How Hard is Nursing School?

Nursing school is really not that hard at all. Once you find yourself advancing and moving up, things will actually end up going a lot more smooth for you. Things will initially get easier if they do not seem that way in the beginning. Nursing school is very much so common sense more than anything. There is a lot of studying involved just as any other career. If you look at it that way, you should not run into any major problems. Nursing school involves patience and determination. You will only make it hard if you look at it in that way.

How Hard is Nursing School Really? Not that Hard.

If you want to go to nursing school, you should consider starting off at the bottom and working yourself up. If you obtain your CNA license first, then you should be able to get a good feel of how everything works. Before you enroll in CNA classes online you should shadow a few nurses to get a feel for the day-to-day intricacies of the job. If the RN you shadow provides a good framework for the job you’ll be pursuing, then you should proceed with enrolling in nursing school. After achieving a starter certification, such as a CNA or EMT license, the path to becoming an RN should be significantly easier for you to take on if you work your way up first. If you see a career in nursing, you should definitely go for it. If you choose to go straight for your 4 year degree (such as a BSN), just plan on moving at a pace that is comfortable for you and you will get through it in no time with little to no problems.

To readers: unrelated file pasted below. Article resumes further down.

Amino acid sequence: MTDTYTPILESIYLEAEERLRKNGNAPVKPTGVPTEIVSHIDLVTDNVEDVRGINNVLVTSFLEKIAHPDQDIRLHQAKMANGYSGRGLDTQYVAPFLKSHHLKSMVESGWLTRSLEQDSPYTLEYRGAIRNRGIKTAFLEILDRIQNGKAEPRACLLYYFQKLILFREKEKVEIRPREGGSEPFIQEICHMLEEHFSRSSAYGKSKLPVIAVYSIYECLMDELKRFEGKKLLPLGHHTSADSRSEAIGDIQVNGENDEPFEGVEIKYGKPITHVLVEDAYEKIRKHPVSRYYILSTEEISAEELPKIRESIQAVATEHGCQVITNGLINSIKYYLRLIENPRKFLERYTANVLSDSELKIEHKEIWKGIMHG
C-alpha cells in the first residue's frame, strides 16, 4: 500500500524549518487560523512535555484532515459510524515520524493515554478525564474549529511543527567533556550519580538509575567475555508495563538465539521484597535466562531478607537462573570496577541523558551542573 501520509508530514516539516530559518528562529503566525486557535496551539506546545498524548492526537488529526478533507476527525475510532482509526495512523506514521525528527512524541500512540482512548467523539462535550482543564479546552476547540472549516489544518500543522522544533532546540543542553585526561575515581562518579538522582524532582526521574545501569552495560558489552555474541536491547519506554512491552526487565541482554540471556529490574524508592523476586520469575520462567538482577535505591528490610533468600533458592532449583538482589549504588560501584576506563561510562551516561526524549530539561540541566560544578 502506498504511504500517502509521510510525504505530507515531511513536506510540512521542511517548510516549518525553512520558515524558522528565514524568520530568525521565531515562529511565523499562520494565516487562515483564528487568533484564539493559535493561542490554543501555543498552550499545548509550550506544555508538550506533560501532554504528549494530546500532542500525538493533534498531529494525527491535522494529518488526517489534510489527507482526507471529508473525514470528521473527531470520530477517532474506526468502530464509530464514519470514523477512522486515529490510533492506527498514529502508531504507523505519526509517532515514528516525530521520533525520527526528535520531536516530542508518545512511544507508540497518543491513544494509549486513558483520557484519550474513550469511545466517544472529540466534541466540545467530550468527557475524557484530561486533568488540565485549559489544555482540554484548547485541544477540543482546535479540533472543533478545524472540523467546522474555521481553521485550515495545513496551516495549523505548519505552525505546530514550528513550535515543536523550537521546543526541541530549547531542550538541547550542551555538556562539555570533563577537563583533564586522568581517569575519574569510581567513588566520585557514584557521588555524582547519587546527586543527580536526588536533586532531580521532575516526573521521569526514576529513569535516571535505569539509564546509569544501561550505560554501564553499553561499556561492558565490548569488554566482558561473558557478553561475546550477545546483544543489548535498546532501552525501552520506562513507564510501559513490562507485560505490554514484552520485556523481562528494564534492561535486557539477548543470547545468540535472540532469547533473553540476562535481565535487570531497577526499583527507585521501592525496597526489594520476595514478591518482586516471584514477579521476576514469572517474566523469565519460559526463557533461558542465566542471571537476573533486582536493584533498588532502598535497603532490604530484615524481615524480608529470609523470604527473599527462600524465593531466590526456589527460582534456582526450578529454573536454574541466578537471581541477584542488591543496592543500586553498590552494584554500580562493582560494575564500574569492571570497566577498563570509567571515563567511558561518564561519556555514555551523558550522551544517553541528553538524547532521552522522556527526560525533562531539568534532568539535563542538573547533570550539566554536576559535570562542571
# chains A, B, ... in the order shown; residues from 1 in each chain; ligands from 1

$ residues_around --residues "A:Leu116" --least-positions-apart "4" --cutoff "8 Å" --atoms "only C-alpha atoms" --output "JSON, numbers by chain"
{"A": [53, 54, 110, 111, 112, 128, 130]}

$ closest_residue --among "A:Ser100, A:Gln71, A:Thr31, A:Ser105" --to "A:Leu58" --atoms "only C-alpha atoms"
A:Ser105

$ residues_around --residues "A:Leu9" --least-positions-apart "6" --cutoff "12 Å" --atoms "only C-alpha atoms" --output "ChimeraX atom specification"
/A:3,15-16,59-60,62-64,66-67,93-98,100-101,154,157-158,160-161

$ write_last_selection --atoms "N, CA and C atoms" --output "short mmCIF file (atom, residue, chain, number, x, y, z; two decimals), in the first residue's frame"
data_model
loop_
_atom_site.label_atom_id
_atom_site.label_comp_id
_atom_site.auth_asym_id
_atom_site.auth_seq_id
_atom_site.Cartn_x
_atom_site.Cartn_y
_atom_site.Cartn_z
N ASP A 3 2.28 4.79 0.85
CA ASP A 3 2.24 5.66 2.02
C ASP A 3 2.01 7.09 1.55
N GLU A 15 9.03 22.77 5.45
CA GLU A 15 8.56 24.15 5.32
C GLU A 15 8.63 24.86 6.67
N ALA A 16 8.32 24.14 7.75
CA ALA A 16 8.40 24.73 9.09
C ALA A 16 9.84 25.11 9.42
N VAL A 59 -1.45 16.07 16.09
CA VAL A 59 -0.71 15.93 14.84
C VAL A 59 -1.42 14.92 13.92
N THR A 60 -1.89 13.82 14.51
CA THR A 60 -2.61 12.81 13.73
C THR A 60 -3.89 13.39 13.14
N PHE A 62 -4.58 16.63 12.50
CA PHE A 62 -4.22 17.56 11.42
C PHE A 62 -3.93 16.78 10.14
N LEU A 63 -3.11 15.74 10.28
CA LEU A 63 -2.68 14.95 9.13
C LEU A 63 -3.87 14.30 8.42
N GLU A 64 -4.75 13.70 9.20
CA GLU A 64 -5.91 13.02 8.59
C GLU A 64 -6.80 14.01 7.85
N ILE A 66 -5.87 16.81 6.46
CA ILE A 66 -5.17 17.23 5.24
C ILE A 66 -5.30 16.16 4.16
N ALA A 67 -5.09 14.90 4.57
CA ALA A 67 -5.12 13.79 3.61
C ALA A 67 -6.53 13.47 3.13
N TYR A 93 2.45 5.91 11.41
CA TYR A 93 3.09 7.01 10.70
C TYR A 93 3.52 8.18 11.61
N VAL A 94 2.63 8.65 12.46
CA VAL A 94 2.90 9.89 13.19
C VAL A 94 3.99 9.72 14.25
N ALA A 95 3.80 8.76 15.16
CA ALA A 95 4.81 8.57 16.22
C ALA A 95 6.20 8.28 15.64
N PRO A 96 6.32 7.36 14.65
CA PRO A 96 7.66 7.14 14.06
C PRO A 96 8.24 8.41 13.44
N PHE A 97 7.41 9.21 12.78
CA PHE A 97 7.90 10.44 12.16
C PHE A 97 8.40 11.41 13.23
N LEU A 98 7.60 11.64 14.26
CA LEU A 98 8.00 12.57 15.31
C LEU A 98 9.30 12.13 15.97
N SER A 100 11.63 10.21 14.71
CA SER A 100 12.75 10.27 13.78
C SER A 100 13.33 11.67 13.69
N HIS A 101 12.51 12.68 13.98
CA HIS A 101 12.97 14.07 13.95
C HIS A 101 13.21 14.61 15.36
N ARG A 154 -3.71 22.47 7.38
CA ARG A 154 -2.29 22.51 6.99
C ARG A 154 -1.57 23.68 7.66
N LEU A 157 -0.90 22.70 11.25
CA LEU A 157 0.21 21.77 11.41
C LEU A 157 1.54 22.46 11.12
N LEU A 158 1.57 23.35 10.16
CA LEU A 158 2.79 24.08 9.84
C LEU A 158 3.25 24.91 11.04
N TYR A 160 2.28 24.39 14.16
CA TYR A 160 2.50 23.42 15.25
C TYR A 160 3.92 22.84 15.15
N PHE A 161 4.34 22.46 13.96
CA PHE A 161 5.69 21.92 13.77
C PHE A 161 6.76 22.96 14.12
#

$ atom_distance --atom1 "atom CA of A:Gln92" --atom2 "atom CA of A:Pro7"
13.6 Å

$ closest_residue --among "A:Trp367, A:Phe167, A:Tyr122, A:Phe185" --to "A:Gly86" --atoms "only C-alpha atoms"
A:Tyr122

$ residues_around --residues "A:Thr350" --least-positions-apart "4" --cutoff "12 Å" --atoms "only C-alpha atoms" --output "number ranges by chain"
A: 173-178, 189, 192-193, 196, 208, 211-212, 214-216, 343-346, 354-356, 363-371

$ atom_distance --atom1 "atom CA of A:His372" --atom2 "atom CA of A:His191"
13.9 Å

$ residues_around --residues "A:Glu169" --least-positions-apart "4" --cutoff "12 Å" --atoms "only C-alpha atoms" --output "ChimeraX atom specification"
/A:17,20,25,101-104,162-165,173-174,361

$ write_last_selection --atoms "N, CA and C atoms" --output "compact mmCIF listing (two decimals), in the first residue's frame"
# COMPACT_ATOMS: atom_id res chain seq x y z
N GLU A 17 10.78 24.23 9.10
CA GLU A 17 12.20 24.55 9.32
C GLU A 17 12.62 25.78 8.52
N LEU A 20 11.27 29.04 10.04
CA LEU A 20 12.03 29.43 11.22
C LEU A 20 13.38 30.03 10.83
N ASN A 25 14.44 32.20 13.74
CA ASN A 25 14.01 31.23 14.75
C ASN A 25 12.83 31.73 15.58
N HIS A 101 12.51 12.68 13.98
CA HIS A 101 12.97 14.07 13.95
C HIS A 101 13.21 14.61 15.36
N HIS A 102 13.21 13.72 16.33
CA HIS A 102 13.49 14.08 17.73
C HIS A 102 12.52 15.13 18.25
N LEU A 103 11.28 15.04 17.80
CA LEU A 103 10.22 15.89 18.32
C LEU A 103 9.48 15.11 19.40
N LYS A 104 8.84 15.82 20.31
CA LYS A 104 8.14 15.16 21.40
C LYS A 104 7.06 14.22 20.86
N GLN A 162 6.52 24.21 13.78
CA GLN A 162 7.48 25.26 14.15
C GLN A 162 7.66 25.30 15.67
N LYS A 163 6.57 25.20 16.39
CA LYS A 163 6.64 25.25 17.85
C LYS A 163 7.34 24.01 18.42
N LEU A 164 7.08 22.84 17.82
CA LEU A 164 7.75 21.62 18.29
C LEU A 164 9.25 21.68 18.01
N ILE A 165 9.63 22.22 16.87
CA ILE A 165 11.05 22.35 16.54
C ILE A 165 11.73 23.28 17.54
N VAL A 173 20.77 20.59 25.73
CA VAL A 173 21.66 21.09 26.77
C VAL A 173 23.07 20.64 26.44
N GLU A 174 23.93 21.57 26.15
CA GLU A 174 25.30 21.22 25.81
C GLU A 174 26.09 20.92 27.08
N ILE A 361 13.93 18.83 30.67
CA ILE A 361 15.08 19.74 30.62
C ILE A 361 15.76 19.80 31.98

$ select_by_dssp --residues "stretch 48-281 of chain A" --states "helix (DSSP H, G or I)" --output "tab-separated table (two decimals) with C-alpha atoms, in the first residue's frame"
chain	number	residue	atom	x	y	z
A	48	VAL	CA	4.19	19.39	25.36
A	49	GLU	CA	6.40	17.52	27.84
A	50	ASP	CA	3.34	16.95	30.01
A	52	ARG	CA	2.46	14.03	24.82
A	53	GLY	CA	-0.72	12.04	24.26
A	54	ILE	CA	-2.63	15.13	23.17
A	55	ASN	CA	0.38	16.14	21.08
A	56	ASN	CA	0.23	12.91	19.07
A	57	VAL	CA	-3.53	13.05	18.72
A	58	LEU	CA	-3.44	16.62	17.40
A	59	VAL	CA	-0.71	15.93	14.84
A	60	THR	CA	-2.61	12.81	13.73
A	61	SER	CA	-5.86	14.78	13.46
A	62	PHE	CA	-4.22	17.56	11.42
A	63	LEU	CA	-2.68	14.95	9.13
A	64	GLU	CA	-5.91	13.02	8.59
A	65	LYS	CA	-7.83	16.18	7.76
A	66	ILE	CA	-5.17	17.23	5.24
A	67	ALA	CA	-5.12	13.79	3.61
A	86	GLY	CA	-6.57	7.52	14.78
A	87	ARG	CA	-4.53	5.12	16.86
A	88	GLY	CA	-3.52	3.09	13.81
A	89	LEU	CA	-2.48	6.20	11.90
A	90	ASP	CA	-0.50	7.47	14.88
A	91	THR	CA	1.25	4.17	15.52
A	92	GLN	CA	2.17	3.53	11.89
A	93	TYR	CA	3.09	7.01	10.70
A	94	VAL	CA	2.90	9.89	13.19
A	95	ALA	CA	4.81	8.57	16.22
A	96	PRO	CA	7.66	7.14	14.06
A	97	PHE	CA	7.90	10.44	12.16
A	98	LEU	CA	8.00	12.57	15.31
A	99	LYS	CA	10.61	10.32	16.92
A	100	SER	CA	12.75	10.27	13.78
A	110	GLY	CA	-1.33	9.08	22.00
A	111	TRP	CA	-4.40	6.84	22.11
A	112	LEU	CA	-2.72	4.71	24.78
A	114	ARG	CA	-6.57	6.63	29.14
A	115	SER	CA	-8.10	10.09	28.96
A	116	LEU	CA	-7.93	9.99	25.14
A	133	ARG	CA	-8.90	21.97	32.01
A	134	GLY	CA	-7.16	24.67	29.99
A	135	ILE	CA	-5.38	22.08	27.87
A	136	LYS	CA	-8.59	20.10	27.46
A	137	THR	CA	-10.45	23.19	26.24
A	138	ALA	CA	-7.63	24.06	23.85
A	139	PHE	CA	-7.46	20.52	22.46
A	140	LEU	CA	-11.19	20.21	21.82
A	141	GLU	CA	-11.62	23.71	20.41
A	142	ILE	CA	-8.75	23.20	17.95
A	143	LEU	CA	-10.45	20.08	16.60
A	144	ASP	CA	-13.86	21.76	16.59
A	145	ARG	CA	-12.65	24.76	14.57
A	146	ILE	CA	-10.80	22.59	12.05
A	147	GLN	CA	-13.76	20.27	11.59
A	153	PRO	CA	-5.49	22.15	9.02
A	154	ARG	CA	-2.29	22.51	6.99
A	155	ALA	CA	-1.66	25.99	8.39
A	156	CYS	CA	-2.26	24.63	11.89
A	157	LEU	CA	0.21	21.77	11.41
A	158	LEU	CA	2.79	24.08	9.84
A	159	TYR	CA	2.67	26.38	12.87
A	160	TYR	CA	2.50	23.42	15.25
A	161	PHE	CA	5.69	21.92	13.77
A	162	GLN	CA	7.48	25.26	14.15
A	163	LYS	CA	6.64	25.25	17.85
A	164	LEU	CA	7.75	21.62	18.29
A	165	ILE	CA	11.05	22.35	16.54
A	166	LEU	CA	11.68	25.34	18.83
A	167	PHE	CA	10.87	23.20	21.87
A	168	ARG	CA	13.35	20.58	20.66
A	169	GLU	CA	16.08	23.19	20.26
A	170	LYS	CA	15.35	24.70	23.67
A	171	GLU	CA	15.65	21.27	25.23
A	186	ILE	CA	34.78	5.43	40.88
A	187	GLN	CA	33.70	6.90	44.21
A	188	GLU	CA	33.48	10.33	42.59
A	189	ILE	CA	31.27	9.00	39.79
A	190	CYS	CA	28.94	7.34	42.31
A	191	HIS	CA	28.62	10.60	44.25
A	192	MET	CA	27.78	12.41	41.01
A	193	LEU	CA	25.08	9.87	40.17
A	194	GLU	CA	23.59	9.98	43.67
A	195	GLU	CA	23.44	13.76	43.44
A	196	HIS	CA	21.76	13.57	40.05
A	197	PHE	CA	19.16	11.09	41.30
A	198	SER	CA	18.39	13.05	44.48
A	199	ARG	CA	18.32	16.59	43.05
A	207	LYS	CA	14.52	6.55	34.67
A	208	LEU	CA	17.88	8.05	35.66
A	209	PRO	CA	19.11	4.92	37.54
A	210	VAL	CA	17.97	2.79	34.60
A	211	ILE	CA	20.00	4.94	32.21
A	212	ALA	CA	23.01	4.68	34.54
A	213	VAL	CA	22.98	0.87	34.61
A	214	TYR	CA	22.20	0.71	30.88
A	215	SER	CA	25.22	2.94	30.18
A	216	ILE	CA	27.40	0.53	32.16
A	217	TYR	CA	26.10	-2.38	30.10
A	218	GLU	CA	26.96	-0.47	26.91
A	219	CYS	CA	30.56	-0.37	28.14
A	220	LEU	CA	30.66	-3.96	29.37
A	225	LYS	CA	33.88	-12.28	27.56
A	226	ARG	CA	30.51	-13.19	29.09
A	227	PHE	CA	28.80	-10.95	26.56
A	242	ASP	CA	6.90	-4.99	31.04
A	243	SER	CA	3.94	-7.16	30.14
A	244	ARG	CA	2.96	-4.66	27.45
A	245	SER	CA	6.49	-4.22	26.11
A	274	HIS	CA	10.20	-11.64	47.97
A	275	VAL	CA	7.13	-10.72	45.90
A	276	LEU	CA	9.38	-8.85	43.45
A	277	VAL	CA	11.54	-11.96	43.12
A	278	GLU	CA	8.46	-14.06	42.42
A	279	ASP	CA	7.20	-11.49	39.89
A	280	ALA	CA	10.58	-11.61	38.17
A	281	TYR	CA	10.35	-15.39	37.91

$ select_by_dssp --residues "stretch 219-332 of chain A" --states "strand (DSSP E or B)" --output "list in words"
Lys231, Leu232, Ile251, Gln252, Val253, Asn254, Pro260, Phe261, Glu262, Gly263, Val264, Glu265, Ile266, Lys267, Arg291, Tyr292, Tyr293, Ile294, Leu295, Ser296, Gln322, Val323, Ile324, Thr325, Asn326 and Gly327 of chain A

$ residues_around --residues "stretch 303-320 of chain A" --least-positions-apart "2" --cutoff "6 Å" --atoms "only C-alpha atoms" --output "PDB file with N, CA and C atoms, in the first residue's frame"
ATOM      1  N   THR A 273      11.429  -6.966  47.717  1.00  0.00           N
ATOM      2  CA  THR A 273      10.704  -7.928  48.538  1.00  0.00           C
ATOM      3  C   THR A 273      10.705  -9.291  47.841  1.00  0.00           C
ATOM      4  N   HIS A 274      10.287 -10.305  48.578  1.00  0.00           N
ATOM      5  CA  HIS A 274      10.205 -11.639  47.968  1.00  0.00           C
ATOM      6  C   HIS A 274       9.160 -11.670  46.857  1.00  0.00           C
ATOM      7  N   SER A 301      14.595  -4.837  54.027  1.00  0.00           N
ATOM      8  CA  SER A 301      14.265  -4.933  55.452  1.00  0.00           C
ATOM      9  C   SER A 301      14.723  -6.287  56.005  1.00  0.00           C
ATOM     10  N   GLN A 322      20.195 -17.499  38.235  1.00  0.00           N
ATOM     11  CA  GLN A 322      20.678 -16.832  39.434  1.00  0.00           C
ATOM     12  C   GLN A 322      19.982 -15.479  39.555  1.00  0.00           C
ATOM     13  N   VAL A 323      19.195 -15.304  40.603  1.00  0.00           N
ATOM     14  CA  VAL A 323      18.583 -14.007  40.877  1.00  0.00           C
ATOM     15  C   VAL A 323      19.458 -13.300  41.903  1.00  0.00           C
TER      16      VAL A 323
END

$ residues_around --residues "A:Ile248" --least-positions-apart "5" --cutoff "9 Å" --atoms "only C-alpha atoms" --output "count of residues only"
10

So how hard is nursing school? It doesn’t have to be hard. No matter where you want to go as far as a career is concerned, you will have to put a lot of effort and hard work into it. Nursing school may not come as a breeze because you will have to meet deadlines, and study for important exams. The last part of nursing school will involve a lot of clinicals which will then give you a lot of the hands on experience. The point is, everyone views “hard” in a different way.

Evaluating Nursing Staff Readiness For Handling Ebola

Ebola has been a historically deadly virus in regions of Africa. Recently, there have been cases of the virus in the United States. The current manifestation of the virus is especially dangerous, due to its long incubation period prior to symptoms appearing. The incubation period allows those who are infected to travel far from the site where they contracted the virus, without ever knowing that they were sick in the first place. This is part of the reason why the Ebola virus poses such a challenge for nursing staff readiness in the United States.